Windies embrace fans in fun day MELBOURNE, Australia (CMC): West Indies players brought smiles to the faces of thousands of fans as they participated in the annual Family Day at the G event at the Melbourne Cricket Ground yesterday. The day of fun was geared toward young fans and over 4,000 turned up at the iconic venue to be part of the festivities. The Australian team also participated as players signed autographs and took photographs. “It was a fantastic event for the players and the fans,” West Indies team spokesman Philip Spooner said. “The players were all delighted to see so many cricket lovers, young and old, from all walks of life and from several parts of the world, who came out to see the training session, and then participate in the day’s activities. “It was a great day with excellent weather at the MCG, as we build up to the Test match this weekend.” Father blocks player’s transfer to Liverpool BELGRADE, Serbia (AP): Marko Grujic may not be signing a seven million euros ($7.6 million) contract with Liverpool after all. The reason: His father keeps his passport. Red Star Belgrade, the 19-year-old Serbian midfielder’s club, has reportedly agreed on a five-year deal and he was to travel to Liverpool for medical check-ups. Grujic’s father, however, says he should remain at Red Star until the end of the season when his price will be bigger. “His passport is with me and he is not going anywhere,” Goran Grujic told Belgrade media. He accused Red Star management of forcing his son to leave because of the club’s deep financial problems. Red Star says in a statement yesterday that if it doesn’t get the funds from Grujic’s transfer, the club will collapse financially. Smith lifts Sir Garfield Sobers Trophy SYDNEY, Australia (CMC): Australia Test captain, Steve Smith, has captured the Sir Garfield Sobers Trophy after being honoured as the ICC Cricketer of the Year for 2015. Smith, 26, was the leading run-scorer in Tests during the period under consideration, compiling 1,734 runs from 13 Tests at an average of 82.57, with seven centuries and six half-centuries. He also gathered 1,249 runs at an average of just under 60, with four centuries and eight half-centuries from 26 one-day internationals. “Given that there are so many great players around the world, I’m incredibly honoured to receive these awards,” Smith said. “While team success is always my number-one motivation, awards like this are very special. I’m thrilled and very proud to receive them.” Meanwhile, South African AB de Villiers was voted ICC ODI Player of the Year, while fellow countryman Faf du Plessis won the Twenty20 International Performance of the Year for his 119 off 56 balls against West Indies in the second Twenty20 in Johannesburg last January.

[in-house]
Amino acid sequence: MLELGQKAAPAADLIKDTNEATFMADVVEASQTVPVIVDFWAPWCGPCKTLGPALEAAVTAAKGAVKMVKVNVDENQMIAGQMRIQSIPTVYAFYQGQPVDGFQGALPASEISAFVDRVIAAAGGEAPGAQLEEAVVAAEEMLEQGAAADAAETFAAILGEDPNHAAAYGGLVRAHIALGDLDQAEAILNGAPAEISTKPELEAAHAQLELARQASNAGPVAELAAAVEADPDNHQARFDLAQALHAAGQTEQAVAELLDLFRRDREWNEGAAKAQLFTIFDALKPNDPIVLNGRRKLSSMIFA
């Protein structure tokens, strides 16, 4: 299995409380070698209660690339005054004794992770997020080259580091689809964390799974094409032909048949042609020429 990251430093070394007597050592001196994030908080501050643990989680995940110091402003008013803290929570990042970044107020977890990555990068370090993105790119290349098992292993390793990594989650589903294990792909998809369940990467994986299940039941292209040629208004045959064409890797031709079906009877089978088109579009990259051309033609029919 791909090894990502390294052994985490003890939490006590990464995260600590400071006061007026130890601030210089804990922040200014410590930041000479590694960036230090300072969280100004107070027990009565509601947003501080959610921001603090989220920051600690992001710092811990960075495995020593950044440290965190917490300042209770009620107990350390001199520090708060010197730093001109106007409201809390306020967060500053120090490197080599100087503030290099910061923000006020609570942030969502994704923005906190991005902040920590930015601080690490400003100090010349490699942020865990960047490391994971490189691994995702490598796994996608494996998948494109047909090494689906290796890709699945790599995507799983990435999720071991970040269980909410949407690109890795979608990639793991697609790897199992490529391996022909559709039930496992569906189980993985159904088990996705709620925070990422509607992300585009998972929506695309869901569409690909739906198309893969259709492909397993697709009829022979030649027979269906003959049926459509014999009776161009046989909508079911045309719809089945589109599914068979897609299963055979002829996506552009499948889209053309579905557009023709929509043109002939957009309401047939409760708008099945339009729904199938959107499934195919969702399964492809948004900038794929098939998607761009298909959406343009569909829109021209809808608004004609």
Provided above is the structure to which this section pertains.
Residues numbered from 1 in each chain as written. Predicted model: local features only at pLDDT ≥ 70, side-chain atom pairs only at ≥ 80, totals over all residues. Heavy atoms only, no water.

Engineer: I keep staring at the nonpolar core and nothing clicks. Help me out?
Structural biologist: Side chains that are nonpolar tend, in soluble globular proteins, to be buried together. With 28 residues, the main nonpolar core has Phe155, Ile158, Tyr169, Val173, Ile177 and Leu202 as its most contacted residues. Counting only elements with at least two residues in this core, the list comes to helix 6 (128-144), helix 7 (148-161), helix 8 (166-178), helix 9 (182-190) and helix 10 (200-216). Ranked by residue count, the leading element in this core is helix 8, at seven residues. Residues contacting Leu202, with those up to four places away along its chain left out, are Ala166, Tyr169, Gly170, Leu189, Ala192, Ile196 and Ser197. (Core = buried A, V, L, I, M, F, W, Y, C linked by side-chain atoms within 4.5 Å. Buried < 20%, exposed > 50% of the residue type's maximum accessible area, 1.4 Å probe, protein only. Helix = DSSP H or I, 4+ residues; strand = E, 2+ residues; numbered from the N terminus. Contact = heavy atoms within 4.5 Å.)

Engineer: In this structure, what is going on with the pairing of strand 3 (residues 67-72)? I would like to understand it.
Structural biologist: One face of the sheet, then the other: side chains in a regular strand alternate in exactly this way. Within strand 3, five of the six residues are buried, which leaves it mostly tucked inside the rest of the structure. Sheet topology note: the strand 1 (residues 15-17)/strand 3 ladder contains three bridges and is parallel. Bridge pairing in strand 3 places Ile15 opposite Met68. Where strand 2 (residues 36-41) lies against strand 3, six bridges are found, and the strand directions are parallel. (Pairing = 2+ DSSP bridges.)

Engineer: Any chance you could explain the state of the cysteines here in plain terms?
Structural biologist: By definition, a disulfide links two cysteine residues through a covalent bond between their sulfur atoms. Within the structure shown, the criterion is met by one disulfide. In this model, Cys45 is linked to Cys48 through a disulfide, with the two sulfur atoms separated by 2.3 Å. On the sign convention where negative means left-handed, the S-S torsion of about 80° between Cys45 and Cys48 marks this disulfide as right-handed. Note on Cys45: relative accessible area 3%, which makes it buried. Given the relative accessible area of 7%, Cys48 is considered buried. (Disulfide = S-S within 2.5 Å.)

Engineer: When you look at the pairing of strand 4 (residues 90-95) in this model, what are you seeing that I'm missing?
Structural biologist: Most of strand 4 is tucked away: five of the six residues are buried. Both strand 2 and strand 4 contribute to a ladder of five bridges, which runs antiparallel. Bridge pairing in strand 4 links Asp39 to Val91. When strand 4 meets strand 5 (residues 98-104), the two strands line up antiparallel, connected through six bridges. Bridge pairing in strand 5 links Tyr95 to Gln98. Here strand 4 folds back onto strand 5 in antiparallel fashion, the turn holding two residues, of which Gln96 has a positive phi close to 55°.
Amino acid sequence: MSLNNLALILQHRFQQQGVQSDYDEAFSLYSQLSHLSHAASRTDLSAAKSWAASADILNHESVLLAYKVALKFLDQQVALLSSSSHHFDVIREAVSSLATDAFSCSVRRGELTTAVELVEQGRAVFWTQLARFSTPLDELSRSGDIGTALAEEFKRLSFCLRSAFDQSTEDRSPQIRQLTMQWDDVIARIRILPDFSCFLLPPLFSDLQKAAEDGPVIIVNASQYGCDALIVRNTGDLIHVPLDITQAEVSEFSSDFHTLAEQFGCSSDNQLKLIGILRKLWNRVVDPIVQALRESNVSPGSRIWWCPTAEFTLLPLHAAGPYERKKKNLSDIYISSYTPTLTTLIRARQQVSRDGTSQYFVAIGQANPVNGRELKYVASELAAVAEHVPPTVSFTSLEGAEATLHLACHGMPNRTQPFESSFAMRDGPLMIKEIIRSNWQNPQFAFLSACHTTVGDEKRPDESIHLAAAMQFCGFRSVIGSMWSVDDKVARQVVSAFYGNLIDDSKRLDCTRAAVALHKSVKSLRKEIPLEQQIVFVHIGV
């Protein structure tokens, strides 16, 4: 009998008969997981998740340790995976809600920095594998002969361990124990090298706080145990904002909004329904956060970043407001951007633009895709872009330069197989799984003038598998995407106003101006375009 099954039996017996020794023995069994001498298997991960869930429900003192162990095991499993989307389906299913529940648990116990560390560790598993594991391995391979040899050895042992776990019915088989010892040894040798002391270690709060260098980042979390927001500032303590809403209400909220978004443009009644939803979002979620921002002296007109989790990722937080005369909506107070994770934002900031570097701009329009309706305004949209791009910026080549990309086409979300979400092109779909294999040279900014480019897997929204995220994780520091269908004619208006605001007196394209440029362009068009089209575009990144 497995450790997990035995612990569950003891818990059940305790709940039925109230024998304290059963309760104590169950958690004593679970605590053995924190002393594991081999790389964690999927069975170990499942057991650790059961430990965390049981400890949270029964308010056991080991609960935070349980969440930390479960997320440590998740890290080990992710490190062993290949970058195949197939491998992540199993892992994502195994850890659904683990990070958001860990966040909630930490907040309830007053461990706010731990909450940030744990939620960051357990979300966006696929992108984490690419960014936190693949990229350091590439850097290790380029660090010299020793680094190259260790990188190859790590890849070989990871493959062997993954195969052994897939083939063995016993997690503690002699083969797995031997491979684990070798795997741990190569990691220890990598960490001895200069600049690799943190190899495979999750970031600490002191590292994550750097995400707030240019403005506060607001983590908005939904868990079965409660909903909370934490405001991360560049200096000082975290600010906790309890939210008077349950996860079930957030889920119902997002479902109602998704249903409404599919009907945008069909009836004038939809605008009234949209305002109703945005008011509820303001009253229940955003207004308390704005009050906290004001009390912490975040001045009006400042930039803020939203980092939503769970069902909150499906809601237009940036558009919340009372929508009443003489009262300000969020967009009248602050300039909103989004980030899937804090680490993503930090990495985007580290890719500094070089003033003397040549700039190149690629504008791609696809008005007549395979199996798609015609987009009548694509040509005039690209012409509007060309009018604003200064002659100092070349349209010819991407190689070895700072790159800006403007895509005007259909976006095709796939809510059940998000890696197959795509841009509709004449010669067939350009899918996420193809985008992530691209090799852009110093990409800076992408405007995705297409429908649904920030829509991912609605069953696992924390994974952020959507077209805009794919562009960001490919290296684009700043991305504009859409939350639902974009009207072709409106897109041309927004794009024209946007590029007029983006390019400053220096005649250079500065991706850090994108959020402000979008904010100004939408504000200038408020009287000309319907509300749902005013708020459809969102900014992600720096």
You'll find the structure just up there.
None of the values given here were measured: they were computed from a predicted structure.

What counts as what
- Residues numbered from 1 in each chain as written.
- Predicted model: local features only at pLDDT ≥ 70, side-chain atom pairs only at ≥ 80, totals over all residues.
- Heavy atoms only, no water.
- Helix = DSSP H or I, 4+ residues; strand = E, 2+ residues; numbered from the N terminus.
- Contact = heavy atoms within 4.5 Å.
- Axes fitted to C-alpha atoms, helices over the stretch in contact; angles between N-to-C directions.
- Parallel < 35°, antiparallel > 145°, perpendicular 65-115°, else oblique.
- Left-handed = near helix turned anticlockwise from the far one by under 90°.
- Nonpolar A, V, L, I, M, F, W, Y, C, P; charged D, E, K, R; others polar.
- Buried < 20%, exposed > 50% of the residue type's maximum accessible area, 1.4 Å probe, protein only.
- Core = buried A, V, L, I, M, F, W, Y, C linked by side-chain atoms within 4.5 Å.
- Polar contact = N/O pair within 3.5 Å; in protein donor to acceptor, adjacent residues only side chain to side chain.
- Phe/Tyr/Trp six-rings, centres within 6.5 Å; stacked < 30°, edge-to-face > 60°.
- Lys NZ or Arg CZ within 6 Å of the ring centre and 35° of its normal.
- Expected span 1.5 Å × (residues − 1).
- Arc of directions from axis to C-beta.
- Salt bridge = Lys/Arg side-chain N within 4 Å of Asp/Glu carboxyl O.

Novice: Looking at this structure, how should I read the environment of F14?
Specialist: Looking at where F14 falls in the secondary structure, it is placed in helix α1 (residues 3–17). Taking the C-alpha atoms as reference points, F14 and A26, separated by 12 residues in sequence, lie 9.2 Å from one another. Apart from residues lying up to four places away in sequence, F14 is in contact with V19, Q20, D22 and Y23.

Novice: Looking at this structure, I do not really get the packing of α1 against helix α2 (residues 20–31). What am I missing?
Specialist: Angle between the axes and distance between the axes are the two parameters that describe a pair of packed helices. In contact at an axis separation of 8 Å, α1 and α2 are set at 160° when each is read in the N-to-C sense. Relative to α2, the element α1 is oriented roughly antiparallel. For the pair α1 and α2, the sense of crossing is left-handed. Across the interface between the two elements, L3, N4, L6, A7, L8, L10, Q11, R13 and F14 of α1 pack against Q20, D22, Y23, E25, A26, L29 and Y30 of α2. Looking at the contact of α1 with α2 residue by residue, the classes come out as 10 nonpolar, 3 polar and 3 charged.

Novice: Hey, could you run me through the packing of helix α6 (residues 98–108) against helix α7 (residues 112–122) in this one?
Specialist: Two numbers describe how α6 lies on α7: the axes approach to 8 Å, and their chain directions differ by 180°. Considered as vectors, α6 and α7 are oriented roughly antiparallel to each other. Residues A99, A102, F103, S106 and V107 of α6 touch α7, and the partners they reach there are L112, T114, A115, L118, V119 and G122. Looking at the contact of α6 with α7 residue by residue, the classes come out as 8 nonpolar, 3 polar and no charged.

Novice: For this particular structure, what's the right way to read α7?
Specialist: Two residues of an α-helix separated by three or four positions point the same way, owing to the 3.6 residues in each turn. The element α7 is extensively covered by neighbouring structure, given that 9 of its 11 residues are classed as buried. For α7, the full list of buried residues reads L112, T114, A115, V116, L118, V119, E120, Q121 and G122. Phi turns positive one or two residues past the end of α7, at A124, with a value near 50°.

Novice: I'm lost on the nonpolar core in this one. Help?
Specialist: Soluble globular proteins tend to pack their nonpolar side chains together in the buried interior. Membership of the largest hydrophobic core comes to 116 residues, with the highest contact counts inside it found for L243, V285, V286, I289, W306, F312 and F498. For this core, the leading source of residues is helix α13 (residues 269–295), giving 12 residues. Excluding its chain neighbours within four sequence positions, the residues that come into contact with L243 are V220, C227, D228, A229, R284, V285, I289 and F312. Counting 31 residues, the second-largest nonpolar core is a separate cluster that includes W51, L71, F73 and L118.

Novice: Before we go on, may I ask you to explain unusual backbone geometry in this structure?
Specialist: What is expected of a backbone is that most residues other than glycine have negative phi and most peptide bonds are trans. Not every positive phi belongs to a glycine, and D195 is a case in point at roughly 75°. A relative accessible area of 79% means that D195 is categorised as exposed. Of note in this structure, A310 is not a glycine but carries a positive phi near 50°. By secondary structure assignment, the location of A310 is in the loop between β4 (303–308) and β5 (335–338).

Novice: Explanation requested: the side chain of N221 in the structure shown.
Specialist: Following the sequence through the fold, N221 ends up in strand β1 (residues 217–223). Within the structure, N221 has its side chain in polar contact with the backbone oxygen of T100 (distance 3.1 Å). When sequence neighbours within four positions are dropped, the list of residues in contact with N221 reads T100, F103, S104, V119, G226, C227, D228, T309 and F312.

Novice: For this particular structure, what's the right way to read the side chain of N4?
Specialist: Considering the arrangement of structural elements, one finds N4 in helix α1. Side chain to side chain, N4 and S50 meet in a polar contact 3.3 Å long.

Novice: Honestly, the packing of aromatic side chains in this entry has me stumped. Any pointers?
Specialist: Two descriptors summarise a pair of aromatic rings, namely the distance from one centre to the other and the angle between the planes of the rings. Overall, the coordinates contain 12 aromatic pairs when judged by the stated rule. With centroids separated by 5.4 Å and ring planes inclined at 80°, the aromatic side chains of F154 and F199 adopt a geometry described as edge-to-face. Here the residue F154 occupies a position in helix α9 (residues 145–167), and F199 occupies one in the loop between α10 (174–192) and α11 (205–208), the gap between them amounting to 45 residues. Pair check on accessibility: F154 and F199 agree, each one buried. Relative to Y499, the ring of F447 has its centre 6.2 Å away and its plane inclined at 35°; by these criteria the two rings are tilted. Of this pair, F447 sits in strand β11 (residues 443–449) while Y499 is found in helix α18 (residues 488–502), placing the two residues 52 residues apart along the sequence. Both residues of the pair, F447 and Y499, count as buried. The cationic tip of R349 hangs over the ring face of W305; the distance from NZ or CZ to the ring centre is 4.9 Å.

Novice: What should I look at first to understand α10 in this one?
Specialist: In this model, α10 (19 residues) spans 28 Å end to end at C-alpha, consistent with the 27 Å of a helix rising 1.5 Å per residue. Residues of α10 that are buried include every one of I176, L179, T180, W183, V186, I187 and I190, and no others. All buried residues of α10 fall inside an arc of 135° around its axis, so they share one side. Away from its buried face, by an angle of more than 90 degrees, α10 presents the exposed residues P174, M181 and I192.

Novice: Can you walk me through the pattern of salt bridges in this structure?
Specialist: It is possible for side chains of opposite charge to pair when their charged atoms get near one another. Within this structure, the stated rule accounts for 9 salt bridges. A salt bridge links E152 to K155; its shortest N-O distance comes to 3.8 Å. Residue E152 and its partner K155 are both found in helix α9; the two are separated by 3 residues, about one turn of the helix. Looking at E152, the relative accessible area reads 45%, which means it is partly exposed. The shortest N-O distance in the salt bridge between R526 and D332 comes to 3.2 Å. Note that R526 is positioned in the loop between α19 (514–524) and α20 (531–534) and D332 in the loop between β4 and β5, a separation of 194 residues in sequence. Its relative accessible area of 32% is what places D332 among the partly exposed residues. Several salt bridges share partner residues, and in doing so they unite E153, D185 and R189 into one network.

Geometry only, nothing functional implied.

OVERLAND PARK, Kan. – Senior Sammie Bachrodt (Wichita, Kan.) of the Drake University women’s basketball team has been selected as a candidate for the 2018-19 Senior CLASS award. Bachrodt has started all 108 games in her career and is on the verge of scoring 1,000 points. She is a two-time All-Missouri Valley Conference selection, the 2018 MVC Defensive Player of the Year and two-time MVC All-Defensive team pick. Bachrodt, who has scored 945 points, is No. 8 all-time at Drake in career steals with 208 in addition to making 156 career three-pointers, handed out 291 assists and pulled down 500 career rebounds. Bachrodt is one of sixty NCAA® men’s and women’s basketball student-athletes who excel both on-and-off the court and were selected as candidates for the prestigious award. To be eligible for the award, a student-athlete must be classified as an NCAA Division I senior and have notable achievements in four areas of excellence: community, classroom, character and competition. An acronym for Celebrating Loyalty and Achievement for Staying in School ®, the Senior CLASS Award focuses on the total student-athlete and encourages students to use their platform in athletics to make a positive impact as leaders in their communities. The men’s and women’s candidates will be narrowed to two fields of 10 finalists in February, and those names will be placed on the official ballot. Ballots will be distributed through a nationwide voting system to media, coaches and fans, who will select one male candidate and one female candidate who best exemplifies excellence in the four C’s of community, classroom, character and competition. NCAA Women’s Basketball Candidates:Kristine Anigwe, Cal Berkeley Allison Arens, South Dakota Sammie Bachrodt, Drake Cassidy Barrios, Nicholls State Allazia Blockton, Marquette Bianca Boggs, William & Mary Kalani Brown, Baylor KeKe Calloway, Mercer Bridget Carleton, Iowa State Napheesa Collier, Connecticut Sophie Cunningham, Missouri Asia Durr, Louisville Mart’e Grays, DePaulMegan Gustafson, Iowa Presley Hudson, Central Michigan Megan Huff, UtahParis Kea, North CarolinaJessica Kovatch, Saint FrancisDeanna Kuzmanic, AlabamaKitija Laksa, South FloridaKennedy Leonard, ColoradoTeaira McCowan, Mississippi StateMacy Miller, South Dakota StateTeniya Page, Penn StateKatie Powell, UNLVTori Schickel, ButlerAlanna Smith, StanfordHallie Thome, MichiganBrianna Turner, Notre DameCourtney Woods, Northern Illinois Print Friendly Version Bachrodt, who earned MVC Scholar-Athlete honors last season, is a finance major with a 3.59 cumulative grade point average and on track to graduate in May, 2019. Bachrodt and her teammates have completed more than 1,000 volunteer hours in each of her first three seasons and are on track to accomplish the community service initiative once again in 2018-19. Habitat for Humanity, Meals from the Heartland and Plymouth Place are just a few of the organizations, Bachrodt has volunteered with during her time at Drake. The Senior CLASS Award winners will be announced during the 2019 NCAA Men’s Final Four® and NCAA Women’s Final Four® this spring. For more information on each of the candidates, visit seniorCLASSaward.com. Among the 60 candidates, all are in excellent academic standing with 13 having grade-point averages of 3.5 or higher. Twenty-five athletes are returning to the court this season after receiving All-America honors, and 54 of the candidates earned all-conference honors for their performances a year ago. Each of the candidates also volunteers his or her time with charitable organizations and causes while upholding a reputation for positive character on campus and in the community.